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Your first 100 customers: 🔥The Fire Strategy
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🔥 The Fire Strategy
Finding your first 100 customers is a bit like starting a fire.
To start a fire you need
A source of heat
The source of heat needs to be intense. Holding a magnifying glass up to the sun intensifies the sun's heat and can create fire. Your product-market fit is your heat source, and building a product focused on specific segments is your magnifying glass.
Now you apply your heat source to tinder. Think dry leaves and shredded paper. Tinder is used to start a fire. It's potent, but it doesn't last long. The segment you choose to go-to-market is your tinder. The goal of a tinder is to start a fire, not sustain it. Similarly, the first segment you get traction with doesn't need to be the same one that scales you to $100M ARR. Tinder segments are synonymous with "innovators" and "early adopters" on the innovation adoption lifecycle. You must start here, but it’s not your final destination.
Once the tinder catches fire, your stack the kindle on top. Kindle is harder to catch on fire, but it lasts longer. Having customer validation and referrals from your tinder segment will help your kindle segment get on board. Without the credibility of those early adopters you won't have any stories to tell the early majority, and those new customers are more likely to need convincing before they sign on the dotted line.
Successfully igniting your go-to-market is akin to the chain reaction of starting a fire .
You don't start a fire by burning a log with a lighter, so why would you start your go-to-market by trying to win the late majority with an MVP?
Skipping stages is possible, but it requires A LOT more energy to get started. Instead think about how you can kick start a chain reaction of raving fans by narrowing your focus first and creating an intense amount of value for an smaller, well connected and underserved segment.
Just like with a chain reaction, unlocking each segment earns you the right to unlock the next one. The momentum will take you along for a ride, but if you skip these steps you’ll have to build the momentum from hard work and a ton of energy.
In the early stages founders need to focus on finding their tinder segment. For Facebook it was college students, they didn't launch to the masses at once.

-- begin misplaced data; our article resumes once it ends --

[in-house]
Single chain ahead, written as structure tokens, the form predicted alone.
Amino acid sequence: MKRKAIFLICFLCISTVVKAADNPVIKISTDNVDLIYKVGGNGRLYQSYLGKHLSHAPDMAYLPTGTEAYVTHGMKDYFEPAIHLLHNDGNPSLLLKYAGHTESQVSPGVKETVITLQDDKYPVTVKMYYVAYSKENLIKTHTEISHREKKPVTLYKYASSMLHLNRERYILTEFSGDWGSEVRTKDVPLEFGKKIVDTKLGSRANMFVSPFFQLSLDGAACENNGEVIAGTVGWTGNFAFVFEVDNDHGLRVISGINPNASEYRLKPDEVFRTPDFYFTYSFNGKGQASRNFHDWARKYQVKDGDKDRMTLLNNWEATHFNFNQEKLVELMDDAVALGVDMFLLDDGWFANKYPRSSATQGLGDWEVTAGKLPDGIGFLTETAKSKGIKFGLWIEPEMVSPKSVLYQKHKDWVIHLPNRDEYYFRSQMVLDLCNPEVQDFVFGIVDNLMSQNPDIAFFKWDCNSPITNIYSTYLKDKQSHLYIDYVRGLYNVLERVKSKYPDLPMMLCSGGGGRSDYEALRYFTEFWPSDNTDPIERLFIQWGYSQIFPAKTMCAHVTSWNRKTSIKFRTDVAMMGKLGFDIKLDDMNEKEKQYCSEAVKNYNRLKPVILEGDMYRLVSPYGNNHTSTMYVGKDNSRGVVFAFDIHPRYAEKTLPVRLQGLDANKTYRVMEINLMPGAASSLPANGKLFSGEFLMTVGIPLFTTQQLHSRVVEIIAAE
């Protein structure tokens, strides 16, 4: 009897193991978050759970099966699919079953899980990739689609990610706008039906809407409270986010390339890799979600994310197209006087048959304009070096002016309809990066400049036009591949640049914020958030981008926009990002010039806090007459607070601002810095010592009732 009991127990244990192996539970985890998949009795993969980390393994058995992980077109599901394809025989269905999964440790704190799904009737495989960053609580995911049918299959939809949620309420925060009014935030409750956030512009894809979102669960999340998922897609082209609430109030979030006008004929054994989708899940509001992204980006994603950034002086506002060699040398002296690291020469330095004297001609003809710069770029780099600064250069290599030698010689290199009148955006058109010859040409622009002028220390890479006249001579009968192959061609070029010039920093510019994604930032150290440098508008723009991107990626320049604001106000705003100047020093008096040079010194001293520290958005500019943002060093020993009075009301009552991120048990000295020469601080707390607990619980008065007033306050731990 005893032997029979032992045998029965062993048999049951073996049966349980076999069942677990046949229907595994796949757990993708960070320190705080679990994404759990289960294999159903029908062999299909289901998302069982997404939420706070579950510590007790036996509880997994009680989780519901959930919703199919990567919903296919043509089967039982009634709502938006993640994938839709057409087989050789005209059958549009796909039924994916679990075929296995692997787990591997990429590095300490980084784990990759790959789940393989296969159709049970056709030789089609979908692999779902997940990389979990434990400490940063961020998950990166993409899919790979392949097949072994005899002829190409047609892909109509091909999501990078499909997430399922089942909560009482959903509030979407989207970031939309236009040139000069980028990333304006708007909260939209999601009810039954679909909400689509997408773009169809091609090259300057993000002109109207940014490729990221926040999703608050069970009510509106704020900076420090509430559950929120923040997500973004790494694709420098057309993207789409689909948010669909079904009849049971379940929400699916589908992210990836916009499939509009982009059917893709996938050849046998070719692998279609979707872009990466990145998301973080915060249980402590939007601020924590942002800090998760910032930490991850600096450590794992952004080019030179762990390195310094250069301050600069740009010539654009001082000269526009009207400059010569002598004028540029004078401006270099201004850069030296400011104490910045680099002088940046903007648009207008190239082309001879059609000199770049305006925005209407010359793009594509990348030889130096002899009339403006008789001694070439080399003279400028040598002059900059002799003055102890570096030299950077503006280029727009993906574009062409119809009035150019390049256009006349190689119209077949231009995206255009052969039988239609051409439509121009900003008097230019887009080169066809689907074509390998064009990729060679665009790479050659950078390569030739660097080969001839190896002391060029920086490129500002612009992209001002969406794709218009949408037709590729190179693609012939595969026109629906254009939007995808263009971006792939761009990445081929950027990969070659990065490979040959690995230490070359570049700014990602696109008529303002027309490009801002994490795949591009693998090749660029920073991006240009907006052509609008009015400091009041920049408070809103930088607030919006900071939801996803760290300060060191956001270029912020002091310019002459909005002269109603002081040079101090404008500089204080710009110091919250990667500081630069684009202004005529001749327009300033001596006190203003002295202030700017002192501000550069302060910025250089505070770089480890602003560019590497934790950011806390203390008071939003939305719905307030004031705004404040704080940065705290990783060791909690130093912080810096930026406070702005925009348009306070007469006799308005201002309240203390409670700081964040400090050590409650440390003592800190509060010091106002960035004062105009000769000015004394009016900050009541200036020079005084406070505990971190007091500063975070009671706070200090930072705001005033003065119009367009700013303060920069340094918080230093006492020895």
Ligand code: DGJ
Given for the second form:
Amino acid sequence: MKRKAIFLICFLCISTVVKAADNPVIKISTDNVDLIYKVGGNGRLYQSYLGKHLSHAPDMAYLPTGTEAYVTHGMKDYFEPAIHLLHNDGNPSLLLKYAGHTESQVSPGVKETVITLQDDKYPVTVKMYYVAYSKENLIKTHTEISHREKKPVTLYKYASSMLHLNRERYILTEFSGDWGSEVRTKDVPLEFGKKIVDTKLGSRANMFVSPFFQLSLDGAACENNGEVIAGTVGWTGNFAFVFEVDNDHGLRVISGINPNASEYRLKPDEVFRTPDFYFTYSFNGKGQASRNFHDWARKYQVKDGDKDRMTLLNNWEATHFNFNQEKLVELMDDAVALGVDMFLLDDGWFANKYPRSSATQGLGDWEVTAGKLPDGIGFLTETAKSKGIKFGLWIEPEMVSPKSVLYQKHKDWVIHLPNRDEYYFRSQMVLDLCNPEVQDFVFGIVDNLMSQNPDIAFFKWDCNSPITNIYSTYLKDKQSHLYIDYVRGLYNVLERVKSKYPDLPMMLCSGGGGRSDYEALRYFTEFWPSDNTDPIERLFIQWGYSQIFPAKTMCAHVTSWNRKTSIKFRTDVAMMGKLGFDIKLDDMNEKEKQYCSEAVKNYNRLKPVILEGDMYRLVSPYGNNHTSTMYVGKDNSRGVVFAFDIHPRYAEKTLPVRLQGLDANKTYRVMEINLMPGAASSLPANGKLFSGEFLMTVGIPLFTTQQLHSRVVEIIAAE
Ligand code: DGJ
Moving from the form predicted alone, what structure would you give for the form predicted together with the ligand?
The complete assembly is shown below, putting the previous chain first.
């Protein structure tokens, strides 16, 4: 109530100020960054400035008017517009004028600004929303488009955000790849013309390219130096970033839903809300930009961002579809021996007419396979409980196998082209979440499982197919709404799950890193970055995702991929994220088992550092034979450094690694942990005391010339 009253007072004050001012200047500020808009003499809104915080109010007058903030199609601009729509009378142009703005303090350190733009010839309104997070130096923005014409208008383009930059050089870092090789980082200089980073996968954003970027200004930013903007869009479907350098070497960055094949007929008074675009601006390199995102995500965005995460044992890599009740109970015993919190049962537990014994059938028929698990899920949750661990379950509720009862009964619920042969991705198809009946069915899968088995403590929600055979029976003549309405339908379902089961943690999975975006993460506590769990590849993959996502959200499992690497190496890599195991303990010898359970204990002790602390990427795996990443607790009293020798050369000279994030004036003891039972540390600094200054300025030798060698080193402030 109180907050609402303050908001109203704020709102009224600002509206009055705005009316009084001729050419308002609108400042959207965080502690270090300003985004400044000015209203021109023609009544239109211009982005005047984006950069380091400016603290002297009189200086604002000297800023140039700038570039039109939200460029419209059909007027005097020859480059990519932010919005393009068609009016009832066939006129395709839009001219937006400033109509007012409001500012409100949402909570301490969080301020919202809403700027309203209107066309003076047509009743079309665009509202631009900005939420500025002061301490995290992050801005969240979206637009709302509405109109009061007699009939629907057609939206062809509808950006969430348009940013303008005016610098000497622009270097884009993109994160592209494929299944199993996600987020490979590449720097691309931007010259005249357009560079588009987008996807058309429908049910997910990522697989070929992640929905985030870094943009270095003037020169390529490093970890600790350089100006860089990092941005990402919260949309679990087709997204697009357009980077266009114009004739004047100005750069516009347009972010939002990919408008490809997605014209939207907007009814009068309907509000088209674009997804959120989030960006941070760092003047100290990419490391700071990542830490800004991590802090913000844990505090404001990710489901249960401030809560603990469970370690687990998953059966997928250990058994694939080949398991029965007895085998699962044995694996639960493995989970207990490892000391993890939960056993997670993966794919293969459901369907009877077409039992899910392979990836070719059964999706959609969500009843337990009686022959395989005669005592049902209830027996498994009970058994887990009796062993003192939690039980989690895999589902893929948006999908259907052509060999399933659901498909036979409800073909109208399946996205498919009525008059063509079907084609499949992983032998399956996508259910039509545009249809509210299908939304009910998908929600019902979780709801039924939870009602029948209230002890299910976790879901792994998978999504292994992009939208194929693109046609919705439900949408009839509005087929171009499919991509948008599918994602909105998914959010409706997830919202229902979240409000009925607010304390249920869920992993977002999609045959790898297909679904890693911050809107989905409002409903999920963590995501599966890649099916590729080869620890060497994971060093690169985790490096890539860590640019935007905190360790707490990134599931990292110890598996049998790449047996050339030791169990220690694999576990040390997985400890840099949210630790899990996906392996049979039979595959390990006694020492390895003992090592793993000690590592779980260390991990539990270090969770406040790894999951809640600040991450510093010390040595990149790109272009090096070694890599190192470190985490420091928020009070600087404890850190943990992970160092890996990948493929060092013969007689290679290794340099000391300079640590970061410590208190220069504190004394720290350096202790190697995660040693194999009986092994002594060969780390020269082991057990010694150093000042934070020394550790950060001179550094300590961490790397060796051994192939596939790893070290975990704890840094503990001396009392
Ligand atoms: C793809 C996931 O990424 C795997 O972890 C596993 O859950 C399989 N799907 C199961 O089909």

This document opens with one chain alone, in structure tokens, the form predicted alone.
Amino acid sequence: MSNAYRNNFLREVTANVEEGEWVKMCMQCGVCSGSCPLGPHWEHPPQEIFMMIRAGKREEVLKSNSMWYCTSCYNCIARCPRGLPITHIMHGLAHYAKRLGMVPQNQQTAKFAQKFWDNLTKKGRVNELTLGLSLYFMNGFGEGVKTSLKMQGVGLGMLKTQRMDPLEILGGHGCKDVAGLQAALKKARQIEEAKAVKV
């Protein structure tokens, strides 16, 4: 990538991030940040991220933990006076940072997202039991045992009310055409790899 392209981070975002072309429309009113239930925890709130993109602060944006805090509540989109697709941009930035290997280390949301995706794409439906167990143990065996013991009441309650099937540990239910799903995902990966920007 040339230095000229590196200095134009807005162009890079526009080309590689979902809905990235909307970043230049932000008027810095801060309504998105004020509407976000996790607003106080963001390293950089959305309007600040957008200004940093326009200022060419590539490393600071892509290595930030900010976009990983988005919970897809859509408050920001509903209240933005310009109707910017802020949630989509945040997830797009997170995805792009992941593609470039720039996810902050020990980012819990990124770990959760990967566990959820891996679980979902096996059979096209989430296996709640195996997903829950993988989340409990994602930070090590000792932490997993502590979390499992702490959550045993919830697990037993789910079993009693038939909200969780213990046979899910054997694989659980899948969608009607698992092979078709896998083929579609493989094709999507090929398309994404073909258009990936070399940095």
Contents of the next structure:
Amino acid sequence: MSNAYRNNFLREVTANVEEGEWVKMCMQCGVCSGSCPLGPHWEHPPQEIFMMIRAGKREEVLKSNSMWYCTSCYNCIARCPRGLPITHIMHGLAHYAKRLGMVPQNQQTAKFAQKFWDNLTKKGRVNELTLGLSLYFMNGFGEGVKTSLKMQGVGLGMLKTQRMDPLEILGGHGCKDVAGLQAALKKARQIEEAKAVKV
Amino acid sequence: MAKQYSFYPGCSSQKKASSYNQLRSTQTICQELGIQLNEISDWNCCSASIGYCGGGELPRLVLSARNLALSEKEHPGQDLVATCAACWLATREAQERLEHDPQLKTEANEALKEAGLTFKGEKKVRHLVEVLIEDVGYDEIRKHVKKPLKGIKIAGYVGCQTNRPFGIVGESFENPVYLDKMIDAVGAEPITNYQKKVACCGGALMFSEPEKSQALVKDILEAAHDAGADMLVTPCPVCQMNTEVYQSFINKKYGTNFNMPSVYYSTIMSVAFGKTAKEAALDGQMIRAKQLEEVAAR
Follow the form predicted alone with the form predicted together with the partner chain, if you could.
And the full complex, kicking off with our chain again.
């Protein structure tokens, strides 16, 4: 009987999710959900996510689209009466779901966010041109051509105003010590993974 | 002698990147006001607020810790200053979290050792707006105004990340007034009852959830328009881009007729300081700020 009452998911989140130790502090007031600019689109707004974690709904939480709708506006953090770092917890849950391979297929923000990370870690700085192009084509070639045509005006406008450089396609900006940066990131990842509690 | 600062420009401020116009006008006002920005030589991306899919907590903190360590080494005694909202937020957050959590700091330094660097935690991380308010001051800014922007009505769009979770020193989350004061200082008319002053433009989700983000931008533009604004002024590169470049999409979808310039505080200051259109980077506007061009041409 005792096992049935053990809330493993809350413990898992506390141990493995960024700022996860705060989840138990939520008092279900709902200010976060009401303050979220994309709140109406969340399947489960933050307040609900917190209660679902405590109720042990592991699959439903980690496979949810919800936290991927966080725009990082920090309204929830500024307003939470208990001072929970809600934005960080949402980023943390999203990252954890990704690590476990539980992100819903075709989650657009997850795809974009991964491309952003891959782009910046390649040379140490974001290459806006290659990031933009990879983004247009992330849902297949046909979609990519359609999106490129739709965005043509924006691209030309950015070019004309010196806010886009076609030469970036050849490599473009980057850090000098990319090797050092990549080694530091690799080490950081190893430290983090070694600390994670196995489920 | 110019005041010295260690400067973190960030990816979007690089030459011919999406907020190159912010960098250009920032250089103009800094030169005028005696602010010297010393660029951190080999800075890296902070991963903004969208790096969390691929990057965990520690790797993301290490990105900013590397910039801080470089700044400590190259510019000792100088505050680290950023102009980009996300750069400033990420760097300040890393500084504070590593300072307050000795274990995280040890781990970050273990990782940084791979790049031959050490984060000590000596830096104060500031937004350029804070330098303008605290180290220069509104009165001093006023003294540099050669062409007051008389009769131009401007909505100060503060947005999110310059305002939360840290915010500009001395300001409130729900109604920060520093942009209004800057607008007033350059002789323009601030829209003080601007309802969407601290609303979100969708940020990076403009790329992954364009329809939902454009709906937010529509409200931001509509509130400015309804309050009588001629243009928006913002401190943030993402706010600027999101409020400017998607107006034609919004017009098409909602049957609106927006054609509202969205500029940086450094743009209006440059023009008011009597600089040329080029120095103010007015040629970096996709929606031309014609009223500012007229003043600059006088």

In Geoffrey Moore's book "Crossing the Chasm" he gives the example of Documentum.
Documentum made it easier to manage and sign documents. They had a very strong product which they inherited after spinning out of Xerox, but experienced flat revenue growth for three years straight (around $2M a year). Remember, a good product doesn't always find go-to-market success.
They hired a new CEO who began right away by focusing on a Tinder segment. They went from $2 million in revenue, to $8 million, then to $25 million, then $45 million (and an IPO), and then $75 million.
They started with the regulatory affairs department of Fortune 500 pharmaceutical companies. There was only about 40 of them in the world. They went from a potential market of 'anyone who touched complex documents in all companies" to a market of under one thousand people on the planet.
Solving a pain with the largest impact
As Moore says, it's not about the size of the market, its about the amount of pain caused. You can solve a pain really well, but if the impact of that pain is negligible then your product will go no where.
Documentum's tinder segment experienced a pain that if solved, created significant value for their customers:
"This is the group that has to get the New Drug Approval applications submitted to the hundred or so different regulatory bodies around the world. The process does not start until patents are awarded. The patents have a seventeen-year life, and at the time Documentum was addressing the market, a successful patented drug generated on average about $400 million per year. Once the drug goes off patent, however, its economic returns plummet. Every day spent in the application process is a day of patent life wasted. Pharmaceutical companies were taking months to get their first application filed—not months to get it approved, months to get it submitted! That was because new drug applications range from 250,000 to 500,000 pages in length, and come from a myriad of sources" —Moore, Geoffrey A.. Crossing the Chasm,
So, Documentum found a Tinder segment, the regulatory affairs departments in Fortune 500 pharmaceutical companies, and then focused intensely on building a product with a super potent way to solve this segment's problems.
The laser focus on building PMF for this one segment meant that once the product was up to scratch, the entire segment bought Documentum. This wouldn't have been possible if they had focused on building a product to please several tinder segments at the same time.
The mistake I see too many founders making is going to market with a general product, with a general value proposition, to a general market.
Early stage go-to-market is about:
Finding the smallest segment
With the largest pain
Where you can build the best product
And then focusing all of your energy on that segment until the ember burn brightly and catches on like a chain reaction, spreading through your market like wild fire and scaling you to $100M+ and beyond.